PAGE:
Inhabitants don’t address the player

Because your presence is unknown among the inhabitants of this world, they have no reason to spell out what will happen if they receive what it is they’re looking for. This ties in a lot with the above point, but even if some burdens do fall a little toward the Lazy Fetch Quest side of things (which I’m sure will happen, since item trading is a major component of the game), at least nobody will say to your face, “I’ll give you X if you bring me Y.” If nothing else, that’s a huge relief to me.

It isn’t about how to help—it’s about whether to help or not

I like to tell people that Keyhole is full of one-dimensional characters. They have titles like The Historian, The Jester and The Pilot. They often have one apparent goal in life, as far as you the player are concerned, and will accept a small handful of items that could help them reach their goals. There won’t be much challenge in discovering how to help people; the interesting part will be figuring out when to help, and when not to, as both decisions may have equally important ramifications.

So yes, there will be a good deal of fetching in Keyhole. But I’m trying hard not to frame the player’s tasks in the same tired RPG-style side quests weve all seen so many times. I want the burdens of the characters to feel more realistic, the solutions more obvious, and the results, due to the seemingly chaotic nature of life, in a way more believable.

The Explorer: a fetch quest with a twist

Early in the game, you meet an explorer who wants to build a boat, but has no tools to do so. When she can’t find a way to chop down any trees, she gives up and decides to travel to the mountains instead. As the player, the first time you encounter the explorer, you have no way of helping her, and must continue to the next day without offering anything to her.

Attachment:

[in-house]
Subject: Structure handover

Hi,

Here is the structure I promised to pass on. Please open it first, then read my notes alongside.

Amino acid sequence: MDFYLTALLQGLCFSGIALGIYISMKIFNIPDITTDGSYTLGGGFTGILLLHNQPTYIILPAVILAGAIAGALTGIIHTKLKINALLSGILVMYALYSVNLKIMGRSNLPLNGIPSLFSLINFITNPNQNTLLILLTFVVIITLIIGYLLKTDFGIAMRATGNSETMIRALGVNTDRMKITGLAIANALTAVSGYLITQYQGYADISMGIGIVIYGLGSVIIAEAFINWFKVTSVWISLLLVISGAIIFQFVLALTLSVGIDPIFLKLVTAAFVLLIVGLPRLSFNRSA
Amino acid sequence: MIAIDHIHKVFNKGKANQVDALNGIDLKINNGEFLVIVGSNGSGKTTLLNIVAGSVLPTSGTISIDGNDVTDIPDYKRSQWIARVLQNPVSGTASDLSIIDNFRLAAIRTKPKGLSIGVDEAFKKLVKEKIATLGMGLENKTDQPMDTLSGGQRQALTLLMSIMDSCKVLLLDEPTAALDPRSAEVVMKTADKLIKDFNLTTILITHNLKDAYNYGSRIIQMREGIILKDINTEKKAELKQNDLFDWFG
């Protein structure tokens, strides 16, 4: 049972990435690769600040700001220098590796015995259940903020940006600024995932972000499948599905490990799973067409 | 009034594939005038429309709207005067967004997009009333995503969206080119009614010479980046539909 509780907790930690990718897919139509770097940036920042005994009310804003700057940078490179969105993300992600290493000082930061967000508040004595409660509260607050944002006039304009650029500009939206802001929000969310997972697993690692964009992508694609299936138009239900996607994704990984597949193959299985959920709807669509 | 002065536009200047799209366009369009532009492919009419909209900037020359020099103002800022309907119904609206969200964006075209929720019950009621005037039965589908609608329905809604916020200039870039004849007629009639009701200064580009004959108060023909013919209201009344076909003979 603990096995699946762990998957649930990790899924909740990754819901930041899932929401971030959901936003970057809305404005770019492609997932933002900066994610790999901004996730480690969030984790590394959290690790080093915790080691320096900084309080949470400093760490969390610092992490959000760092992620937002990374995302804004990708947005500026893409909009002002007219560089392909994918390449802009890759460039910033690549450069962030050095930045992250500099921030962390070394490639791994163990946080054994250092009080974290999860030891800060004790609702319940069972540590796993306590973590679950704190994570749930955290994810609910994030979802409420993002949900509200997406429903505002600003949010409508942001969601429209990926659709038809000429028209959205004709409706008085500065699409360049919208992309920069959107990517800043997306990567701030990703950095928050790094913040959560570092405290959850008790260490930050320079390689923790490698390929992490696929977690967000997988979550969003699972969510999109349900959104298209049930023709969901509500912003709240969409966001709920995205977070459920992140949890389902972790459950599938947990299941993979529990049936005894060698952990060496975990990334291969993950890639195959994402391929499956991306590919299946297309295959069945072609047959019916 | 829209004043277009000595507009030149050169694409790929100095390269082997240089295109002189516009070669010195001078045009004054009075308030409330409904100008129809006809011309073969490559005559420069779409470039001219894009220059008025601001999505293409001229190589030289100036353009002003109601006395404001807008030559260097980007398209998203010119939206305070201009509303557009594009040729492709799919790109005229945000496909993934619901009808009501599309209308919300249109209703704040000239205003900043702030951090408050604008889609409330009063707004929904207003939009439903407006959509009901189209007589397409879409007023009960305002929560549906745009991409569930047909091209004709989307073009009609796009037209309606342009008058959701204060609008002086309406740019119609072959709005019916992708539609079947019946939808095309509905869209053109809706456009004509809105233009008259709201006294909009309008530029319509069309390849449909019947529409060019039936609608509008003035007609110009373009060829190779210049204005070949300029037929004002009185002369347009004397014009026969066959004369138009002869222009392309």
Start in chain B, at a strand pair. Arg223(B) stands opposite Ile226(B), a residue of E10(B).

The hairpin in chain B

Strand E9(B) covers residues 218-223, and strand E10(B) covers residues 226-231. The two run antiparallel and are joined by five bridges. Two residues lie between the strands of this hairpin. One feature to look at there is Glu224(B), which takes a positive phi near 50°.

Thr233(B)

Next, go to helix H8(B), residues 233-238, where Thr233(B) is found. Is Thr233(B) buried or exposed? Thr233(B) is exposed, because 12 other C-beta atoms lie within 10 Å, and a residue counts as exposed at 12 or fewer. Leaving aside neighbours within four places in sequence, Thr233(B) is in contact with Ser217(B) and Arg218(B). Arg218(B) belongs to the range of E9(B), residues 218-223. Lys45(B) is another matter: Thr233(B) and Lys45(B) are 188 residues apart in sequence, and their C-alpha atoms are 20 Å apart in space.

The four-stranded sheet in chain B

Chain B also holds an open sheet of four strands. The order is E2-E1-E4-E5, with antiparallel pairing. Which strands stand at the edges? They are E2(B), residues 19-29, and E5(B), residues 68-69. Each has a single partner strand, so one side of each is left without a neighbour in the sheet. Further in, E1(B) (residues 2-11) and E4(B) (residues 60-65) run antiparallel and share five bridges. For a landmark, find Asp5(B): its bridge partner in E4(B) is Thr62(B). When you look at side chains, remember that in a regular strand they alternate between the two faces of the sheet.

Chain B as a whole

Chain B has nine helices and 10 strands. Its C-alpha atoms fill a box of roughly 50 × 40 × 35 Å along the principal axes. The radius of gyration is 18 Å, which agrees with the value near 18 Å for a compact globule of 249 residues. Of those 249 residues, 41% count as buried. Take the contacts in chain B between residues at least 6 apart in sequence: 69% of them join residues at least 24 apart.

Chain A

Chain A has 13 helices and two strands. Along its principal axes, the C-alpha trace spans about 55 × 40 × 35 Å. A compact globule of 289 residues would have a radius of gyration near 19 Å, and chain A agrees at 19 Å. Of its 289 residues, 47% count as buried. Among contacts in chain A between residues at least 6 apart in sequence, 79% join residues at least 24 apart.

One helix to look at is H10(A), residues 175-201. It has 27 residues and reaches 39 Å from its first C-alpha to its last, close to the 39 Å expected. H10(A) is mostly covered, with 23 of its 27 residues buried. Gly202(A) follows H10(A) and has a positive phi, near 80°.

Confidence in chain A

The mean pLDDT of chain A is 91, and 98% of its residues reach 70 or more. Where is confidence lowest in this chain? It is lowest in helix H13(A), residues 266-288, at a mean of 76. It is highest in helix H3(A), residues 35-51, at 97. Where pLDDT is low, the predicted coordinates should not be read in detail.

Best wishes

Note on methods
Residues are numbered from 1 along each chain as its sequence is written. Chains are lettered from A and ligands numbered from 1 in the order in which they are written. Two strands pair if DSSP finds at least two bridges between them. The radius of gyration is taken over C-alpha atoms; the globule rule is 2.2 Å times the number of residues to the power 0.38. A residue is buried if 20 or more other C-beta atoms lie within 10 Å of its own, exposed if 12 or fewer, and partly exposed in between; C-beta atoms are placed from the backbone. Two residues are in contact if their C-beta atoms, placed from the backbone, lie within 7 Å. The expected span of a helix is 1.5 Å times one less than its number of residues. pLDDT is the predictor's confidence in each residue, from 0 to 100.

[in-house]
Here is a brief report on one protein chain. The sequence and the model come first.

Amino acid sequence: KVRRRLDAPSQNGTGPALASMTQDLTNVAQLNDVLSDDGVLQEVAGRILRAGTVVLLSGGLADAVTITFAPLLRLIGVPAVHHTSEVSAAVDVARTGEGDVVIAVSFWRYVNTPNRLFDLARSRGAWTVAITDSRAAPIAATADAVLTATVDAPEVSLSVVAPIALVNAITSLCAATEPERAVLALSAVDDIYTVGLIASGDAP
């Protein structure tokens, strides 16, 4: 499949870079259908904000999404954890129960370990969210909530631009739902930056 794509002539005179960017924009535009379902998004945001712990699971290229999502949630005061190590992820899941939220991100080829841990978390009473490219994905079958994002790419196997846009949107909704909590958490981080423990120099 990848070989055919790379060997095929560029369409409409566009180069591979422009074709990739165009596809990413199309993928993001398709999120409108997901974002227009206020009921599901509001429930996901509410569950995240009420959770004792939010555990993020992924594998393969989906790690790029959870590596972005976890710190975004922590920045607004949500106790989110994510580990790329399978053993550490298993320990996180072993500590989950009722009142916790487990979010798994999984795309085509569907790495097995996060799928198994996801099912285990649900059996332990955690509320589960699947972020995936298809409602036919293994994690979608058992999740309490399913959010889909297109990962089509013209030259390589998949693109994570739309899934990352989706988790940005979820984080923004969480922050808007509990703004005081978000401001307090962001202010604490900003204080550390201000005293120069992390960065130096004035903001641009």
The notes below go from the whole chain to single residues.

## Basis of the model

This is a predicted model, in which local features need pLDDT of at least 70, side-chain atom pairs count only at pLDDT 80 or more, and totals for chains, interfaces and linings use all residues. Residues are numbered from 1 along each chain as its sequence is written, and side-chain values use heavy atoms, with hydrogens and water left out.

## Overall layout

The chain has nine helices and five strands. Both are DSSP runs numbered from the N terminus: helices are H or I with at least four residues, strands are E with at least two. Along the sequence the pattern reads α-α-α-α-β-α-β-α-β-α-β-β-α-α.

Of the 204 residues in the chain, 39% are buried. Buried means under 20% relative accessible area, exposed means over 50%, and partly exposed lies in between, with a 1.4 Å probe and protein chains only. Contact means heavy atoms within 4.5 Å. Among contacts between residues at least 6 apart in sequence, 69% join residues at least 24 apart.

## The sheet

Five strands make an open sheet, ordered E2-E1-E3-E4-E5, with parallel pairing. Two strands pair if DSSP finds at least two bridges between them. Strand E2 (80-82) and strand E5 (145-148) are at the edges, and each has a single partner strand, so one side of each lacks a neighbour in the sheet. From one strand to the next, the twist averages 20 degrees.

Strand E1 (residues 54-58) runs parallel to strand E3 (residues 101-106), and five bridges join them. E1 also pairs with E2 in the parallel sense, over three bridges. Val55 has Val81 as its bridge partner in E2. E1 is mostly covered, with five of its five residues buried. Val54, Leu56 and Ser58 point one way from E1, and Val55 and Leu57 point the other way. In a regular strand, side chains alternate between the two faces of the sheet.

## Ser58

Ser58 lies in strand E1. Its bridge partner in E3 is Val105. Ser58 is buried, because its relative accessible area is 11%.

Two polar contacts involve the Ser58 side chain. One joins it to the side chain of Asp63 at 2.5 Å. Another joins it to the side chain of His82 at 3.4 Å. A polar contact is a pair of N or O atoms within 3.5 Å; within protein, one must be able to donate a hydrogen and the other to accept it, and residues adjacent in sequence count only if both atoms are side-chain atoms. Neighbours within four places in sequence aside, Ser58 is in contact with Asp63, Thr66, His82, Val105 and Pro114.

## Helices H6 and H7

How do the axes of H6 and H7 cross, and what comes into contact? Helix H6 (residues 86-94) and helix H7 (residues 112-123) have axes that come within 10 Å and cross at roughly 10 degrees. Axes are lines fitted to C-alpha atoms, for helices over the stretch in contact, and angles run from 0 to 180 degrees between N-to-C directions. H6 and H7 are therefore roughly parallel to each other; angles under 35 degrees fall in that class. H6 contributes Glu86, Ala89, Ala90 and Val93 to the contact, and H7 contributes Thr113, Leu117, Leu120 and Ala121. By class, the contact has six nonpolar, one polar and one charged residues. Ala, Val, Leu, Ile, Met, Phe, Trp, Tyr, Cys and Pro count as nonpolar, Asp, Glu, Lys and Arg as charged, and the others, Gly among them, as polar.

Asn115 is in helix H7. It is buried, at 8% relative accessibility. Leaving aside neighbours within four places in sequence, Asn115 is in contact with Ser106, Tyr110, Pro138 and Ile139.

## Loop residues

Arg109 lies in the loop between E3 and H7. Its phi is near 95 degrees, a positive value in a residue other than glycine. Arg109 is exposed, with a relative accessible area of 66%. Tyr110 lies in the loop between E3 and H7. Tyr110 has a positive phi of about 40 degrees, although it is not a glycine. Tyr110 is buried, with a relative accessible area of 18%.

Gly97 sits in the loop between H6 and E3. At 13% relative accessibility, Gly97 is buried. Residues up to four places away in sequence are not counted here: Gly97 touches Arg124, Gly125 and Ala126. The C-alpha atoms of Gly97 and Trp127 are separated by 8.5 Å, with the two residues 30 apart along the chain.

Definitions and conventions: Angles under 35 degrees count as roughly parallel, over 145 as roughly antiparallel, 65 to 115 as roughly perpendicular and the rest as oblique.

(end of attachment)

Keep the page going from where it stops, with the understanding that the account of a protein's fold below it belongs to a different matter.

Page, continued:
The Explorer

The Explorer helps introduce the concept of item-passing along the timeline to the player.

The next time you see her, she’s trapped on a cliffside, clinging on to a rope, without any way to safely descend. Her monologue explains that she’d found a hatchet at a campsite earlier that day, and was heading back to get to work on a boat, when she slipped and fell down the side of the mountain. “If I’d only had this hatchet yesterday,” she says to herself, “I’d be on the ocean right now instead of hanging from this rock.”

That clue becomes the prompt to your first sort of fetch quest in the game. Picking up the hatchet, you rewind time to the first day the explorer was wishing she could build a boat. After giving it to her, you advance to the next day again, this time to find that she’s chopped down a tree and is diligently crafting a boat with her mysteriously found hatchet. Days later, after disembarking for new lands, she returns with a small group of settlers, and they begin building a town.

Tasks like this will be a large part of Keyhole, and this first one will be a little more obvious than later puzzles, in that it practically tells the player how to solve it, to teach how items can be removed from the world and replaced at a different time. Later on, while we’ll be keeping predicaments fairly simple, they won’t always tell the player what items may be used to solve them. Because that’s how things work in the real world: you might know what’s got you down, but there’s usually more than one way around it. And the beautiful thing about being able to change every decision you make is getting to try every possible solution as often as you’d like. That’s one of the most challenging and most rewarding things about working on Keyhole: all the possibilities a player will encounter during the game.